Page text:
Listening through the Riviera Labs separates was like that recurring dream—music reproduced by the APL10 Preamplifier and AFM25 Monoblock Amplifiers had qualities I’ve not heard before, as if the Riviera electronics opened an undiscovered room of sound, expanding my enjoyment of and connection to music beyond what I thought were its limits.

I hinted at this Riviera sound in my review of their Levante integrated amplifier (review):

“To put an even finer point on it, like pinning a butterfly to a page, I was most taken with the Levante’s ability to reproduce harmonic content beyond anything I’d heard before, making each and every instrument, voice, and sound sound more fully formed. Listening to simple powerful music like the Revered Gary Davis performing “Let Us Get Together Right Down Here” from Harlem Street Singer drives home the Levante’s ability to present a Reverend-sized Gary Davis as a solid sound image planted right here in the barn as if my hifi turned into a Star Trek transporter.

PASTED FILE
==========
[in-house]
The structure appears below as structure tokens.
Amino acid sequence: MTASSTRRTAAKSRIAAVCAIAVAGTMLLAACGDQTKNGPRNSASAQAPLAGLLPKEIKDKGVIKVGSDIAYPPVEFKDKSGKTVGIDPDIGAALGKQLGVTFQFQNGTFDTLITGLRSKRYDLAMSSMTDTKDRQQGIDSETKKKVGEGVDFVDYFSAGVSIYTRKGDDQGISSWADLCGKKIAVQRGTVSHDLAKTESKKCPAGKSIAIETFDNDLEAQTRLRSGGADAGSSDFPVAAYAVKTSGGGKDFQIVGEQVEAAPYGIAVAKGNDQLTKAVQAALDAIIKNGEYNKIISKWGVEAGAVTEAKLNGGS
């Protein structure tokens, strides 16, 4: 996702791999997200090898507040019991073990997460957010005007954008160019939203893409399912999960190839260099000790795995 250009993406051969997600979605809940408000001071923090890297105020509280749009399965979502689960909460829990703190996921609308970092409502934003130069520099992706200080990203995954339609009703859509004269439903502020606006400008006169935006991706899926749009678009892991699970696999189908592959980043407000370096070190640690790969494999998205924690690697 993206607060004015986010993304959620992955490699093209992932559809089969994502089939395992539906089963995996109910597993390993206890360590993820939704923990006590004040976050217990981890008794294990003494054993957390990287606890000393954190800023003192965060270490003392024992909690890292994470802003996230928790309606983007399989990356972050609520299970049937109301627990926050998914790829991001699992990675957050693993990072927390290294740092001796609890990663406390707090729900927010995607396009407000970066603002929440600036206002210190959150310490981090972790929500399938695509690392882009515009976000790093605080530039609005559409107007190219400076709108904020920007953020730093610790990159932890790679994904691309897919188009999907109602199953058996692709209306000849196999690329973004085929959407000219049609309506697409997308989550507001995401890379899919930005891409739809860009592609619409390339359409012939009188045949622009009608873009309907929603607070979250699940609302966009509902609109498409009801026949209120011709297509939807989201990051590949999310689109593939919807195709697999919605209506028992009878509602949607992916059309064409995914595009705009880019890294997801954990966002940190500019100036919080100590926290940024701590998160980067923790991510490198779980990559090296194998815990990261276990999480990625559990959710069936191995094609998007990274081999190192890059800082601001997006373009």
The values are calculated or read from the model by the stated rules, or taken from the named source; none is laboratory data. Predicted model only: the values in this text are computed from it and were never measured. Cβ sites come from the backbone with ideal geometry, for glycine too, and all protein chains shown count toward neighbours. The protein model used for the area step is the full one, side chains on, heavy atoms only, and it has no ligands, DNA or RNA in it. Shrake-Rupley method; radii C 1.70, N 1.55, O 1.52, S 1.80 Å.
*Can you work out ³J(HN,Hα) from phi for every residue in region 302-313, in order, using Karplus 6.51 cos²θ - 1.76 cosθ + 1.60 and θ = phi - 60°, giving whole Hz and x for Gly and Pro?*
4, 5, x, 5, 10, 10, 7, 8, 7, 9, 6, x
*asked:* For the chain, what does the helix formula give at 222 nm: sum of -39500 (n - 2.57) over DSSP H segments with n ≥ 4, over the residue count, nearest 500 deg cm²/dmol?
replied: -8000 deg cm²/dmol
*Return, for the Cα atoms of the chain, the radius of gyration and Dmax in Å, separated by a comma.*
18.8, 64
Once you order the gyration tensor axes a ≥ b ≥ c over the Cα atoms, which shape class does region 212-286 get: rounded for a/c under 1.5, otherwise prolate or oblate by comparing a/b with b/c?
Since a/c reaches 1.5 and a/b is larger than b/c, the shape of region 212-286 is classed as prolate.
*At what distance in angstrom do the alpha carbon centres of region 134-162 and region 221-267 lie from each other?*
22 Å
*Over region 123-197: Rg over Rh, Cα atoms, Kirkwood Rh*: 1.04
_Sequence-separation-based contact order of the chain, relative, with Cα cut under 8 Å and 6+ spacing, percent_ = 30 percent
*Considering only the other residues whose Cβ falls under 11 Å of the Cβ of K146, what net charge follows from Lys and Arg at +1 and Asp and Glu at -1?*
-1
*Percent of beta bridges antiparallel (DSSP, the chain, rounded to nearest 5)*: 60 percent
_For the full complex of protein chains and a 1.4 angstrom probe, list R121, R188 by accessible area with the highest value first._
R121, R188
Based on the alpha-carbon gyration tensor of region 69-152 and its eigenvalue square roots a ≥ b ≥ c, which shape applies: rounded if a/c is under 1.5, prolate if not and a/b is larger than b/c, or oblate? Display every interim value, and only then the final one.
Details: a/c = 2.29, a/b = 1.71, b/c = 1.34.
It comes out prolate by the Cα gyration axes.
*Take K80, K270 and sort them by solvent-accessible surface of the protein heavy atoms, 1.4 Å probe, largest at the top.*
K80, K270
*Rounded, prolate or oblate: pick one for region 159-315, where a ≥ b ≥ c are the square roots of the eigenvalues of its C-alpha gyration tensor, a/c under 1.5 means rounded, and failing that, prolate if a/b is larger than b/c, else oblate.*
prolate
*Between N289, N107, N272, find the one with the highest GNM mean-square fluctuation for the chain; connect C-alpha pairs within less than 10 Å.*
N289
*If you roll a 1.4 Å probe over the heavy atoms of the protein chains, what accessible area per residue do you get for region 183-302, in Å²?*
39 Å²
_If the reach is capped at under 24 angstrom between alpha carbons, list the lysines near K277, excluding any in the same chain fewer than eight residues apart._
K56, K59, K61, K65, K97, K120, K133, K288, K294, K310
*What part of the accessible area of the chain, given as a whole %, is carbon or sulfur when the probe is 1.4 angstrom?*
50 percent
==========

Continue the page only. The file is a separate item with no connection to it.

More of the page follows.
OK, here’s a comparison — imagine the sound of lesser amplifiers as the Star Trek transporter getting interrupted by your favorite alien villain, so you are left with a relatively vague, particulated Reverend as opposed to the in-the-fleshness of the Levante’s Gary Davis and his big, badass Gibson Hummingbird sounding so fully-formed you can nearly stick your hand in the sound hole.”

I also called the Levante seductive and none of these thoughts have changed with my experience of the Riviera separates. However, I now know, as clearly as I know the Barn’s walls are red and brown, that the Riviera separates are more quietly seductive as compared to the Levante. Not as splashy. Within minutes of putting the APL10 preamplifier and AFM25 monoblocks on my Box Furniture Fallen A rack and making all the appropriate connections, one being two runs of AudioQuest Robin Hood speaker cable to the DeVore Fidelity O/96, I heard that Riviera holographic sound loud and clear. As if an old friend walked into the Barn and said hello with a voice so distinct there was no doubt it was Joe even though I haven’t spoken to Joe in some years.